Moreover, in recent months, local media rights groups have reported a leap in lawsuits against journalists reporting on security issues and corruption.
A Shia MP recently threatened to sue a newspaper over an editorial linking an unnamed party to a bank robbery, after a member of the Shia MP’s party was arrested in connection with the robbery.
And in mid-August, Iraqi satellite broadcaster Al-Sharqiya was fined 100 million Iraqi dinar, or 60,000 Euros, for “misquoting” a top military spokesperson.
The Journalistic Freedoms Observatory (JFO), a Baghdad-based media freedom organisation, has told International Press Institute that it regards the draft law as “the beginning of the imposition of restrictions on journalists, as well as the government’s reorganising control over information”.
The irony of a law that claims to “protect”, but in fact threatens, is not lost on Iraqi journalists.
“Whatever this law gives in the left hand it seizes back with the right,” Ziad al Ajili, JFO manager, told IPI. “Best for us as journalists is to have the right of access to information, and laws guaranteeing freedom of expression, not laws surrounding us with any kind of restriction.”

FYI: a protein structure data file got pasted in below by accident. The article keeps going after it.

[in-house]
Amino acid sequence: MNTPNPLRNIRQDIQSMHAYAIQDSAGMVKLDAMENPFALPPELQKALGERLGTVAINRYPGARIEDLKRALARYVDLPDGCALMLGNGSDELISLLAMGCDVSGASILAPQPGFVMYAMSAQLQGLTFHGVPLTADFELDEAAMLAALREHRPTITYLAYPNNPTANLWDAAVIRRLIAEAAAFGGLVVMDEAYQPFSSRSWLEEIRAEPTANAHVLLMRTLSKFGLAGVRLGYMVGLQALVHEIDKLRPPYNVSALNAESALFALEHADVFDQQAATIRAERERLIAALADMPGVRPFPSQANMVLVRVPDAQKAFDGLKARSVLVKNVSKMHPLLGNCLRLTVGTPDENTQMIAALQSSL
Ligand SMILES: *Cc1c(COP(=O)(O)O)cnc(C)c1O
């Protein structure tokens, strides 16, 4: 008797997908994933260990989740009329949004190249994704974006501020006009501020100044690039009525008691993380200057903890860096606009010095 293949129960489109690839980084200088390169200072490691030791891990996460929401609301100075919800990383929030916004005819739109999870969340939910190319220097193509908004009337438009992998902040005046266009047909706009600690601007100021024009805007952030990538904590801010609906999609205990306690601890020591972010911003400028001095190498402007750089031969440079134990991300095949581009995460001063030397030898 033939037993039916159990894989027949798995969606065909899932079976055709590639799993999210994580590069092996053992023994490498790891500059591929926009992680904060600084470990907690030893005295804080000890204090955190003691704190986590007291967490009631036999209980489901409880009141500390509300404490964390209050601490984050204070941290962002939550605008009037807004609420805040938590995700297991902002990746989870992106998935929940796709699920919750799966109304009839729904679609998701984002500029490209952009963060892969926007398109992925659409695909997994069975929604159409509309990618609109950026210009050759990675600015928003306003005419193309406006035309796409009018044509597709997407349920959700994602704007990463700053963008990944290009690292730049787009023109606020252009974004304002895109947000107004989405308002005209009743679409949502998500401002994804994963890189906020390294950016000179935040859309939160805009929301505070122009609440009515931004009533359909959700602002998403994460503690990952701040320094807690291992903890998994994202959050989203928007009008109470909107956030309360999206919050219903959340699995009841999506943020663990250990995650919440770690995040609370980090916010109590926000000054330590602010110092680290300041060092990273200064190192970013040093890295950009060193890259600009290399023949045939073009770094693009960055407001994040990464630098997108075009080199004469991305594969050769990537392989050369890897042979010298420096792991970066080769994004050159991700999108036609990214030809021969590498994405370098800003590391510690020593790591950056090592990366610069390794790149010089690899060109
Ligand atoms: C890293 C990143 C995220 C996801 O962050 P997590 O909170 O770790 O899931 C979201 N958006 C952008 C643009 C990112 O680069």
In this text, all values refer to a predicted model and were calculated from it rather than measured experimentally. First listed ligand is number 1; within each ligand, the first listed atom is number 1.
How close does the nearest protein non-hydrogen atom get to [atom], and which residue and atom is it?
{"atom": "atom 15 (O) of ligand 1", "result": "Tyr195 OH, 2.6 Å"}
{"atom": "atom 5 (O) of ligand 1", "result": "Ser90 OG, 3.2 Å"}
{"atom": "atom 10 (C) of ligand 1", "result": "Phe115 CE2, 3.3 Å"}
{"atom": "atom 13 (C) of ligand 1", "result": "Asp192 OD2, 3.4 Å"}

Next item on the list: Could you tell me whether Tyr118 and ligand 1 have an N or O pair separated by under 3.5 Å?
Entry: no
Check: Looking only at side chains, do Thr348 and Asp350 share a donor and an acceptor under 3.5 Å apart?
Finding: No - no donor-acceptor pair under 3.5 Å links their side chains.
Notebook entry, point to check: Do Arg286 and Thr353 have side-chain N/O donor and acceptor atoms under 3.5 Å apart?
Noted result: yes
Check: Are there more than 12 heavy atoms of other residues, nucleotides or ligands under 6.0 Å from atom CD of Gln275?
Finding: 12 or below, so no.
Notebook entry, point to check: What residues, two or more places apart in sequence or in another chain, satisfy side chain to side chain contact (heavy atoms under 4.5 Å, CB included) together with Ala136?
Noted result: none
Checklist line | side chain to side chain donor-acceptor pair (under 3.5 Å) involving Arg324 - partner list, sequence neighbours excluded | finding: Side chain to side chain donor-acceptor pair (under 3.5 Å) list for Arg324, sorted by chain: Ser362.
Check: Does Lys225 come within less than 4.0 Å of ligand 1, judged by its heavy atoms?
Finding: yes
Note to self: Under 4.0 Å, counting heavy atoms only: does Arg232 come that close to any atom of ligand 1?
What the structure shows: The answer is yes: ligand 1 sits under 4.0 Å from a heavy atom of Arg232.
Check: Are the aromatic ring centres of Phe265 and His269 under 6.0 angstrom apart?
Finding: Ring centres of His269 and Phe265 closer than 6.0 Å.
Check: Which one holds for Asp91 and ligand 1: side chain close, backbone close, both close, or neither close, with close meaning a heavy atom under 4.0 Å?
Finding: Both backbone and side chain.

At a time when the Iraqi media has taken faltering, courageous steps forwards — against the backdrop of bloody violence, grave threats, and a still-interfering and repressive government, this draft legislation represents a significant and disappointing step backwards.
A flourishing, diverse independent media must constitute a cornerstone for any country that has emerged from the shadow of a decades-long brutal dictatorship and is struggling to rebuild a modern, peaceful, pluralistic and democratic civil society. Many of the Iraqi journalists who have been slain in recent years have died in the pursuit of this noble endeavour. It would be a terrible and tragic shame if their death, it turns out, was in vain.
David Dadge is director of the International Press Institute and Anthony Mills is press & communications manager